If you looked at aftermarket prices on Research In Motion (Nasdaq: RIMM) just after its first-quarter results hit the wire last night, you'd think everything was fine. The stock wasn't moving.

But then you must have missed the announcement that trading of RIM shares was halted because of the pending release news. Once the spigot opened up again, RIM crashed hard. The stock dropped more than 15% in a matter of minutes and stayed there all night.

All told, RIM shares have taken a nearly 57% haircut from 52-week highs set in mid-February -- just before Apple (Nasdaq: AAPL) launched the iPad 2 and RIM showed us just what its Playbook can (and can't) do. The glory days of 2008 with share prices on a steady $130 level now look like a taunting dream.

Don't cry for RIM?
This is where I would love to soothe ailing RIM investors and say that everything will be all right -- perhaps even call this a buy-in opportunity as Mr. Market overreacted again. But I can't. RIM deserved every ounce of this whipping, and management is showing no signs of understanding just how deep its troubles are.

In the first quarter, RIM missed its own revenue targets, with sales of $4.9 billion, and $1.32 of adjusted earnings came in at the low end of bottom-line guidance. Keep in mind that these ranges were "wider than normal" to account for supply chain disruptions from the Japanese disasters in March. The 500,000 Playbooks sold was actually better than most observers expected, so there's a bright spot for you, eh?

But that's where the good news ends. The company is cutting costs and jobs while being very careful to call it a "streamlining exercise" and not a "restructuring" or "reorganization." Yet the company slashed both sales and earnings guidance for the coming quarter and year to levels far below already-pessimistic analyst targets. You see, slipping product schedules will make RIM miss most of the crucial back-to-school season.

Perhaps most damning of all, co-CEOs Jim Balsillie and Mike Lazaridis are doing fine impressions of the common ostrich. "We're most of the way through the transitioning of our platform, and we believe we are taking the right steps to position RIM for the future," Balsillie said. But don't expect him to explain what he means by that: "RIM has taken a unique path, and why we do things the way we do may not be obvious from the outside."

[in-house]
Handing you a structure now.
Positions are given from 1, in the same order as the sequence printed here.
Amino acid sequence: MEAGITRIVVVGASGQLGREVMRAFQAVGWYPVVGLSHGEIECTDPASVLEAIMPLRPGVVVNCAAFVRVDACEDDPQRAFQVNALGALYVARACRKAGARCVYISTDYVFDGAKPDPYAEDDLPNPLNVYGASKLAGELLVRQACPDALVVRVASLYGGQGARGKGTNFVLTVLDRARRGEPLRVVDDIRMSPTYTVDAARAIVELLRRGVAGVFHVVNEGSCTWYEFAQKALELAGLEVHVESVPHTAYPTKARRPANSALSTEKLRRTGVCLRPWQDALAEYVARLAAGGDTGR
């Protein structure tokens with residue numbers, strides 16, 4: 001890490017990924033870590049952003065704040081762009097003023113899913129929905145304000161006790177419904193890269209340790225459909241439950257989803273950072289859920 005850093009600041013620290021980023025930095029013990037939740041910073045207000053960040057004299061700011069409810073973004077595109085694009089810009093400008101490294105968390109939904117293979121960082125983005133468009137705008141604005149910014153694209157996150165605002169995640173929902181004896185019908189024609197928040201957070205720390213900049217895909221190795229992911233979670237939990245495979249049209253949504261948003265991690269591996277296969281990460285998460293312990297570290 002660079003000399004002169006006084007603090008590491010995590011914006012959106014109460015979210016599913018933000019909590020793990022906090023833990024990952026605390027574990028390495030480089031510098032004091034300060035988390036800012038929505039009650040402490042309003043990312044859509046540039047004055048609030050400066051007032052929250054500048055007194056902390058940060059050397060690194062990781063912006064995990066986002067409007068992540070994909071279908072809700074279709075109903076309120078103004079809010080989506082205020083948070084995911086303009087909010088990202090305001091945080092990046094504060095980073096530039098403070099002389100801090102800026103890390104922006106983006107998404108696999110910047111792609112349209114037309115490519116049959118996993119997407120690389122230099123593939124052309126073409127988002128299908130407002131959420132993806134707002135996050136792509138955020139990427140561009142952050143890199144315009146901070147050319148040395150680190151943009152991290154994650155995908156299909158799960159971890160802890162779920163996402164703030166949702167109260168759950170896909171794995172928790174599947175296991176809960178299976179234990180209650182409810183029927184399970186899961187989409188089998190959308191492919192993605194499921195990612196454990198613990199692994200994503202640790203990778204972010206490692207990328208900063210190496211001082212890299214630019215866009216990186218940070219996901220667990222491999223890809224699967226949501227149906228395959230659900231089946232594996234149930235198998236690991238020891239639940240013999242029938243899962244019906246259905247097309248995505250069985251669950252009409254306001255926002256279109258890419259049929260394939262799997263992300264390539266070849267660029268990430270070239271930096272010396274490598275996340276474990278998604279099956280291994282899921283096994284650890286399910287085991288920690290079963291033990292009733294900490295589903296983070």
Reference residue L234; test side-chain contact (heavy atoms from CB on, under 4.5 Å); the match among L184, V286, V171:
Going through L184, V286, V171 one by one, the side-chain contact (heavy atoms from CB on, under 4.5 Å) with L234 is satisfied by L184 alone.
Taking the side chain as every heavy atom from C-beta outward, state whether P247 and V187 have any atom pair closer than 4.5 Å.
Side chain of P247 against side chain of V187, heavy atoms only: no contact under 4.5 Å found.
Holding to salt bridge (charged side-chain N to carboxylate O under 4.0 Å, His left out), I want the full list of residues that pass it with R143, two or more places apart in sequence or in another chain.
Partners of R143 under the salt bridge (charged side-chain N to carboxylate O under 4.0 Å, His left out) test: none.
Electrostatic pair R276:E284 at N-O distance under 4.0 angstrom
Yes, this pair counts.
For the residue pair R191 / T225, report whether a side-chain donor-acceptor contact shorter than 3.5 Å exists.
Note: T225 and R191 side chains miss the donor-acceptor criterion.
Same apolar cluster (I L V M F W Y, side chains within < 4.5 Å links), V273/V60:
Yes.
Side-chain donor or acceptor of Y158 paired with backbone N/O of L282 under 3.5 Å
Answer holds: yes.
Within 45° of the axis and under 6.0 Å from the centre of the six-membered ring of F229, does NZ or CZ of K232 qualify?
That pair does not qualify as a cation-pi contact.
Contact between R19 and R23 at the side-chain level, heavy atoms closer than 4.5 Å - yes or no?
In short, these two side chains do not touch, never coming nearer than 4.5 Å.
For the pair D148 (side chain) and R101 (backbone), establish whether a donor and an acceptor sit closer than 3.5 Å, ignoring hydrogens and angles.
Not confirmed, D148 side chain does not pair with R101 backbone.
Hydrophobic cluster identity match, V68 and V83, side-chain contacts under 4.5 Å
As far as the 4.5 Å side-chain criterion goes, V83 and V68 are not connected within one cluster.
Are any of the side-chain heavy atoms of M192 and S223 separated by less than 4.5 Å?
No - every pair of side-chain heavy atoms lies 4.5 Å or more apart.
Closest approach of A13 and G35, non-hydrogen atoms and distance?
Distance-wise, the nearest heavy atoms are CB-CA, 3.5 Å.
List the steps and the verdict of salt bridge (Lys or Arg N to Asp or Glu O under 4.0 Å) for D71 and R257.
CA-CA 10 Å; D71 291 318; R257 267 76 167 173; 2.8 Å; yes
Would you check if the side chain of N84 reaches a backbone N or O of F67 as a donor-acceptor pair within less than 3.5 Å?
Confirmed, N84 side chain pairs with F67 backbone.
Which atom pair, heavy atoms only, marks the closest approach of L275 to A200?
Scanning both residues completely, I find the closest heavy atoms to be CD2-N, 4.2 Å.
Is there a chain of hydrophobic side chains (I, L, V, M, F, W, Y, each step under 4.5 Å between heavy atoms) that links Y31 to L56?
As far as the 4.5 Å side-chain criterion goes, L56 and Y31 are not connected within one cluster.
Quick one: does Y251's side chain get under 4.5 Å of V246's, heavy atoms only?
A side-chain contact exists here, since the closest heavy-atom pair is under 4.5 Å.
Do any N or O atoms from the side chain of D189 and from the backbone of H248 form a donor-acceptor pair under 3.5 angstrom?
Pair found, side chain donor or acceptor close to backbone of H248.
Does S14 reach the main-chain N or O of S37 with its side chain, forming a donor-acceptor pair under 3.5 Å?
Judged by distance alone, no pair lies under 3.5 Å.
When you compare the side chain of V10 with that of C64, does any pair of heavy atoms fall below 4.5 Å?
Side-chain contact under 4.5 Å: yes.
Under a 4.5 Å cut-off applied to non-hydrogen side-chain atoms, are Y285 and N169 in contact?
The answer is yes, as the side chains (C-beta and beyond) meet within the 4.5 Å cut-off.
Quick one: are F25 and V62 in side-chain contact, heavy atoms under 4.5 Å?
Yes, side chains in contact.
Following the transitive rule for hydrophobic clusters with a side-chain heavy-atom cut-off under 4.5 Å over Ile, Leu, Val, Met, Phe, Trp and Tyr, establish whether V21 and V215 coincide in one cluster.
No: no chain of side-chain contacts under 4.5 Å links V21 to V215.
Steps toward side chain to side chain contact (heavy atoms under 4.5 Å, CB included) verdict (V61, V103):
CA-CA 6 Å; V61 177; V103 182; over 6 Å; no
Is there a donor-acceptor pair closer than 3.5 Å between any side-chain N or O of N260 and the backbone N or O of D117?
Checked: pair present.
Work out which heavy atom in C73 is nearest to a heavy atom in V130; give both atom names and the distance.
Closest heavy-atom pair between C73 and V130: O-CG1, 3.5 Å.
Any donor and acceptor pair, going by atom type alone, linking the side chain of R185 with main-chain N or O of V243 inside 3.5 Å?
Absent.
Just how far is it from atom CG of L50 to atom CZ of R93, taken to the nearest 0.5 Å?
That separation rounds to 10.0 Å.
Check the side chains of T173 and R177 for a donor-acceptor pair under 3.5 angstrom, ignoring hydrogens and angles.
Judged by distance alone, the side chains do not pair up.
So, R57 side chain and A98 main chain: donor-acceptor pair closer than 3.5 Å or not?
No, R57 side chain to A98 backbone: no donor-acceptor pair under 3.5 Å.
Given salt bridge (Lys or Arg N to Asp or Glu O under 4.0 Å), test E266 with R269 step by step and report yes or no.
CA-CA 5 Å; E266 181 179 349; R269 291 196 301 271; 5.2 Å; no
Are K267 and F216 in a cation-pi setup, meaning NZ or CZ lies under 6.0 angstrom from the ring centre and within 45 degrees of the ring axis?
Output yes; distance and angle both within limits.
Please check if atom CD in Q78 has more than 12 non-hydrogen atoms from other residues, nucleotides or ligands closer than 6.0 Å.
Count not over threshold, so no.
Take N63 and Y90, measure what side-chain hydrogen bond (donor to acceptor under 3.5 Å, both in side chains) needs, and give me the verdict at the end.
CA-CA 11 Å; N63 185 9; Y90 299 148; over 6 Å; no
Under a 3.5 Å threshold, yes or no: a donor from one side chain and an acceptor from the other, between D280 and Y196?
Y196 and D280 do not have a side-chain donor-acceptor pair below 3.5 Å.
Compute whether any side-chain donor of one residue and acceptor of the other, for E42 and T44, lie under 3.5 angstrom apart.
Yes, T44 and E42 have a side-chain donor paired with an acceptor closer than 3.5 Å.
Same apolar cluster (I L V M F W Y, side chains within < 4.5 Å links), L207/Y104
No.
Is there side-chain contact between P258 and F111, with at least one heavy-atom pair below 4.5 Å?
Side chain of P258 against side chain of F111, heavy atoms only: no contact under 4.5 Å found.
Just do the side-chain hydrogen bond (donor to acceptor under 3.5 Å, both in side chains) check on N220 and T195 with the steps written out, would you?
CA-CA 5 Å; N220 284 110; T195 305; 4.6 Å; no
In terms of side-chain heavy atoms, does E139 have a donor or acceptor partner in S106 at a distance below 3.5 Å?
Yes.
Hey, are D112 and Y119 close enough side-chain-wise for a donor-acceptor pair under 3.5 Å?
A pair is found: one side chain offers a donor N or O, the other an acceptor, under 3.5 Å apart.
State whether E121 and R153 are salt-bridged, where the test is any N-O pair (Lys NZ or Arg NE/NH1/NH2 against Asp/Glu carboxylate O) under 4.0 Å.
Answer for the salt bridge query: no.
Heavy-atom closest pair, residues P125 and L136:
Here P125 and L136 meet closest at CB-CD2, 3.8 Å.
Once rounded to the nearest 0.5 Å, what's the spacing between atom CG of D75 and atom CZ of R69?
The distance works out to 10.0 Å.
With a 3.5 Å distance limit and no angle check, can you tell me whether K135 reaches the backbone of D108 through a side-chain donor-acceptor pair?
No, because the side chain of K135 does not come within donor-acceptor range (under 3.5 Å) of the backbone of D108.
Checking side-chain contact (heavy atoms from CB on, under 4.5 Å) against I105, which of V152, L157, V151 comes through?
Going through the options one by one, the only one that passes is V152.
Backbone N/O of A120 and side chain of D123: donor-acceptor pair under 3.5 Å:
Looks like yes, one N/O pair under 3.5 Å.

The revolution is planned for 2012
Then there's the much-touted transition from the current BlackBerry software to the QNX-based stuff running the PlayBook now and all RIM products in the future. BlackBerry 7 will provide a modest upgrade while we wait for the major QNX overhaul, due in 2012. Why not faster? Because RIM doesn't want to abandon its BlackBerry developers, and there aren't any dual-core smartphone processors available yet.

Baloney. If you're moving to QNX eventually, the developers will have to follow anyhow. As for the dual-core excuse, firstly, I don't get why QNX couldn't run on a decent single-core ARM (Nasdaq: ARMH) processor like the Marvell (Nasdaq: MRVL) cores RIM used in the BlackBerry Torch. Anyway, not only have NVIDIA (Nasdaq: NVDA), Marvell, and others produced the chips that Balsillie is lacking for quite some time, but the first dual-core handset was available back in February.

If LG could develop a dual-core phone that early, why couldn't RIM start its design early, too?

What it all boils down to
I'd love for RIM to become relevant to the mobile market again, because I think stronger competition drives everyone to do better. It's good for the total market, it propels faster growth as smartphones destroy the reigning feature phones, and it's obviously good for consumers.

Alas, it's just not in the cards. At this point, RIM would be better off with a wholesale restructuring and strategy shift that leaves the current CEO duo looking for new jobs. Nokia (NYSE: NOK) is betting the company on a whole new strategy and software platform under the wing of Microsoft (Nasdaq: MSFT). If Mr. Softy doesn't want another protege, maybe RIM could just port the best messaging features of BlackBerry over to the Android platform and try again. That would certainly be easier than pushing this QNX elephant through the eye of a needle. Or perhaps the company could just find an all-out buyer that's willing to shake things up.

Either way I think it's obvious that RIM's strategy isn't working, despite management's obtestations. If you want a turnaround play in the mobile market, I think you'd be better off with long-shot Nokia than head-case RIM.

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